Every time any kind of cultural-historical object or building is destroyed overseas, someone who has never written about cultural heritage before (they never have!!! I don't know why!!!) feels the need to (please don't click on this link) lay down some truth: Maybe that item of cultural heritage would not have been destroyed if it were in the West, hmmm! It's the whack-a-mole of cultural heritage takes.
The idea is bad for... many reasons. In addition to the gross paternalism and colonial hangover, there are never any policy corollaries for this suggestion. Do we move all objects to the U.S.? Or is it possible that takes like the one above serve only to exonerate probable criminals from blame? Who can say.
Also, these writers all seem to be under the impression that America is just a giant museum made entirely of bubble wrap and padding. Listen, it is not true. All of the highest-value heists have happened in "the West," a huge amount of art is in private hands and not in museums, and, historically, shit breaks all the time when private owners get their hands on it. Let's look at a small selection of things that William Randolph Hearst broke, shall we?
- An antique bed.
"The bed that Bill is using upstairs is going to pieces through... lack of attention. When a piece falls off somewhere the maid puts it away and later throws it out."
Hearst's solution was to hire a technical assistant to oil, wax and re-glue things. It was pretty normal for collectors, dealers, and museums to perform this kind of unscientific touch-up work, which now feels more like HGTV than actual conservation.
- An alabaster mantle.
"Alabaster mantel at Charles was broken by his men. Tell him he must take mantel back and off my account, as he is responsible for gross carelessness of his experts, or else make substantial reduction in price."
Ok, this one is actually a dealer's fault. Sorry, WRH.
- A lot of glass (see playlist)
Possibly including "the blue and white porcelain garden seats, the three glazed pottery statues, the Wedgewood blue and white Jasperware urns and other small items." The breakage in this shipment led to an extended insurance dispute!
- Santa Maria de Ovila.
"About one percent of the material... was broken and about two percent more had lost its wrappings and had been slightly damaged."
- Some fine urns.
"Our fine urns came smashed. [I] am confident that boat shipment increases hazard through double handling and also careless handling. [H]ereafter kindly ship absolutely nothing of my art material by boat. [A]ll unnecessary handling should be avoided..."
- Tables, chair legs, whatever else.
"The car was beautifully packed and wedged--no shifting apparent--but on unpacking, a number of articles were broken in ways that suggest that as the shocks the car received had to be absorbed and passed from crate to crate because wedged as a whole, the strain went through the crates to the articles which may not have been crated with this in mind; i.e. were too nearly the size of the crates, and giving with them, took up the impulse by cracking such things as table pedestals where fancy, chair legs, etc. We fortunately had good men on hand and most of the repairs are already made."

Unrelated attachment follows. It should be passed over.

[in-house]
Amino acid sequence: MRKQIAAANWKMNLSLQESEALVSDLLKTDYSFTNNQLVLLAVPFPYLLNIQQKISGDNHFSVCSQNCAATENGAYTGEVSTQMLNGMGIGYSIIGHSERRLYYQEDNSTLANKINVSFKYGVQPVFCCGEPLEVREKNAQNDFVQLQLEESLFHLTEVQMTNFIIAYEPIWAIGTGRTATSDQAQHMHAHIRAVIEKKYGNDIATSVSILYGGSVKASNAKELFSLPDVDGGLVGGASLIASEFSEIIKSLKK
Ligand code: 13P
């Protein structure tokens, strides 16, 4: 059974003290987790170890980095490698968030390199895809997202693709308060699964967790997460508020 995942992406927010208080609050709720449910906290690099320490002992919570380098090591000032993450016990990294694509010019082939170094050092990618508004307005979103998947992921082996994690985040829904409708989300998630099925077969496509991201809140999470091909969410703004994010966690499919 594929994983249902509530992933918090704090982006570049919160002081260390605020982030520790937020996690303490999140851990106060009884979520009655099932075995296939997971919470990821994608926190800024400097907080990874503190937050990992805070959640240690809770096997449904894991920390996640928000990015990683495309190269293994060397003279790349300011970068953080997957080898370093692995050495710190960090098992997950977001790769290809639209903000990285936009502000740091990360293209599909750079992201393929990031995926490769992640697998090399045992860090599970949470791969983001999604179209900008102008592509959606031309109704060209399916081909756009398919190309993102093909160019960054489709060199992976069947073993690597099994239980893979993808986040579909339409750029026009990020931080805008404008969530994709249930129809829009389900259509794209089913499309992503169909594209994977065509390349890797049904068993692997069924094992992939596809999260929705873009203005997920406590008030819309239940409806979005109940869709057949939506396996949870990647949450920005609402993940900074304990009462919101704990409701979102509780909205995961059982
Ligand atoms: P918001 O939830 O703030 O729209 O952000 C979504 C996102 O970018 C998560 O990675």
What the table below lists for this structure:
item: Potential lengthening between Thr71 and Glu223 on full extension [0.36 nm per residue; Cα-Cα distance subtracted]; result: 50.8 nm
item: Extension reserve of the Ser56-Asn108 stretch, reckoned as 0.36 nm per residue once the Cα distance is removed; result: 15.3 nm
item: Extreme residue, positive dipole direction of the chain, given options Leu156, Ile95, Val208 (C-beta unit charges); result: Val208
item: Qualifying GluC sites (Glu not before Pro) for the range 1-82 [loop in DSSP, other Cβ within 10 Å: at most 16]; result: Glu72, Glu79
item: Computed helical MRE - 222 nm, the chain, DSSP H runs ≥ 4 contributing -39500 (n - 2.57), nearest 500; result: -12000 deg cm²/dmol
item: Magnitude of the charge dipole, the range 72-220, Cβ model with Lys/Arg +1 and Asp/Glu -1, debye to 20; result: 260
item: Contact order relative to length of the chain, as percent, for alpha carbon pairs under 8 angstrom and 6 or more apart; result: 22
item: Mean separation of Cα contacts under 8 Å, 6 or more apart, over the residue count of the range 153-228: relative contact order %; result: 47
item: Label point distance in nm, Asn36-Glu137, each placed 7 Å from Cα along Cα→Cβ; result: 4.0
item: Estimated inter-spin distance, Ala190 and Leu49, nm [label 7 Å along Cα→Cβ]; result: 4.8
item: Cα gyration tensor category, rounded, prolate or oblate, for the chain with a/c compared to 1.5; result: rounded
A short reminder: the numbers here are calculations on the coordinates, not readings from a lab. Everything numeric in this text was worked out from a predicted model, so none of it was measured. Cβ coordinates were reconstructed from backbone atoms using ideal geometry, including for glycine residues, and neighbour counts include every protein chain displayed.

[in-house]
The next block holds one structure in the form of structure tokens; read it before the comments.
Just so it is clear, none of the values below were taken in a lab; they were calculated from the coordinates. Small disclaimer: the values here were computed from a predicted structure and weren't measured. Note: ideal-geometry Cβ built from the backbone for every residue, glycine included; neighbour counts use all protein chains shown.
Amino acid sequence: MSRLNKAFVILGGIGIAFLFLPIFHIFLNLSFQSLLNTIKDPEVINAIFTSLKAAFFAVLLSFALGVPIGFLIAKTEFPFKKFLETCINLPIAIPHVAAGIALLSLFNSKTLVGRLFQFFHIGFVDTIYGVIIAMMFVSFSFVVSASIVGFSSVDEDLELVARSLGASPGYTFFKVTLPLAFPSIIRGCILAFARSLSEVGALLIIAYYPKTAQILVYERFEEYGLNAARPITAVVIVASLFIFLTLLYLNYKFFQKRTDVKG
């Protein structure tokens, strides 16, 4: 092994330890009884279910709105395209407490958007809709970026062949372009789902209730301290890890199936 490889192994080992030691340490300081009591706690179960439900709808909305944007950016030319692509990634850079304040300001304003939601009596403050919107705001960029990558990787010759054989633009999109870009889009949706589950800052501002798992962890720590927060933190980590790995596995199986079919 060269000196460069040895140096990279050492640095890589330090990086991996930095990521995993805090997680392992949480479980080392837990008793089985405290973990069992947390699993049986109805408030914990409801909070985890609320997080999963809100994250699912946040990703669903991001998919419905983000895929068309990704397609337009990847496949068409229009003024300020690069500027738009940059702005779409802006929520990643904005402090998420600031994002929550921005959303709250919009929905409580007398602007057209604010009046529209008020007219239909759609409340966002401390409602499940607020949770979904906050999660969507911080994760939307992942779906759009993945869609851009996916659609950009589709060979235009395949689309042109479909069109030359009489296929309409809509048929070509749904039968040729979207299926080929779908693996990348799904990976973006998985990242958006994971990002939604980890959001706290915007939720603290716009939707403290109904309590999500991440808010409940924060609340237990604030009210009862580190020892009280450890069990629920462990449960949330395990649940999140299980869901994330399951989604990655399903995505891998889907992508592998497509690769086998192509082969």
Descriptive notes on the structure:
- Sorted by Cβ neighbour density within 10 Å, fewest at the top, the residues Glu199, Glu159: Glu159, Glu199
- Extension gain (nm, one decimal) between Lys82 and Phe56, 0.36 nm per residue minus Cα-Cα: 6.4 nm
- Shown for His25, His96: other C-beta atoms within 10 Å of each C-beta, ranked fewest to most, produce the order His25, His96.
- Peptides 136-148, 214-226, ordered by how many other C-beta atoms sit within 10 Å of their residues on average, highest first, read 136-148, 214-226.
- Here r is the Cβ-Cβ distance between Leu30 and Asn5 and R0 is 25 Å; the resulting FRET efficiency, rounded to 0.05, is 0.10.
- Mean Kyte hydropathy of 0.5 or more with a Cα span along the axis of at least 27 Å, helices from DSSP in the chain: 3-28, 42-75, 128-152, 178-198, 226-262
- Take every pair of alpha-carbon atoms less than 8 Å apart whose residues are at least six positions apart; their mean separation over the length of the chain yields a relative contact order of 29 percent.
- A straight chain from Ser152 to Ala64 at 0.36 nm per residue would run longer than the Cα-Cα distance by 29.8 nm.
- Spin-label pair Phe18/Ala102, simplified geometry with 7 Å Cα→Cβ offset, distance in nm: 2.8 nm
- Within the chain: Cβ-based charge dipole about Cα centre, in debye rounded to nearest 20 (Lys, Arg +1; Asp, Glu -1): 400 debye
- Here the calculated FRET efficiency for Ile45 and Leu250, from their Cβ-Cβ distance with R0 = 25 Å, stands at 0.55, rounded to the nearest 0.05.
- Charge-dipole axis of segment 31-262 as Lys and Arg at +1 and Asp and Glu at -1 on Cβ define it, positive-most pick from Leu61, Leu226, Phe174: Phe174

By this point, Hearst had had a decade to figure out how to move things from New York to Los Angeles. A decade!
- Early American furniture sent to the De Young Museum for display.
"Lot #345 had a broken piece wrapped and placed in a drawer. This has been properly glued and replaced. Lot #29 had a piece of veneer missing on one of the drawers and we are having this repaired by an expert cabinet-maker. Lot #338 had a picture frame broken in two places. The damage was noted by your Los Angeles warehouse man."
- Medieval stained glass.
"[The] carloads arrived largely wrong. The windows for which glass was wanted, as I carefully explained to Chris, are eight feet tall. He sends me glass from Demotte eleven feet high. These eleven feet high windows are very valuable and must be sent back to New York. Some of the glass has broken in transport, through bad packing and lack of bracing in cars."
This broken glass causes an extended dispute between Hearst and his warehouse chief, and a lot of confusion about whether or not insurance covers broken glass. It does, it turns out, so Hearst can become a little pious: "Very glad insurance covers breakage. However please urge our warehouse organization necessity of personally supervising packing and placing in care, as even insurance does not compensate for loss of fine things."
- Who even knows!
Hearst asks his chief logistics specialist to please stop sending objects from New York to California via Examiner, "as everything is consistently lost or misplaced." This telegram may (extremely hard maybe) refer to SS Examiner, which was torpedoed during WWII, so I guess I'll give Hearst a point for foresight.
There are, of course, limits to this take. The chapel at the Detroit Institute of Arts comes from a building that was bombed in World War II, though it appears to be the only building "saved" from the kind of hypothetical destruction posited by anti-repatriationists. And I suspect that institutions are better at moving objects now than Hearst's rag-tag warehouse team was many years ago. Finally, the objects above represent a small portion of the enormous amount of "fine things" that Hearst moved west. It is, frankly, a miracle that he didn't spend all of his time complaining about things being broken. Still, the above list represents some of the small and large ways that things could go wrong in transport. And it also doesn't include, you know, decades of items sitting in leaking warehouses or the five-plus times that Santa Maria de Ovila was set on fire in a park.
Stay tuned for more dispatches from the chaos factory that was Hearst's warehouse enterprise!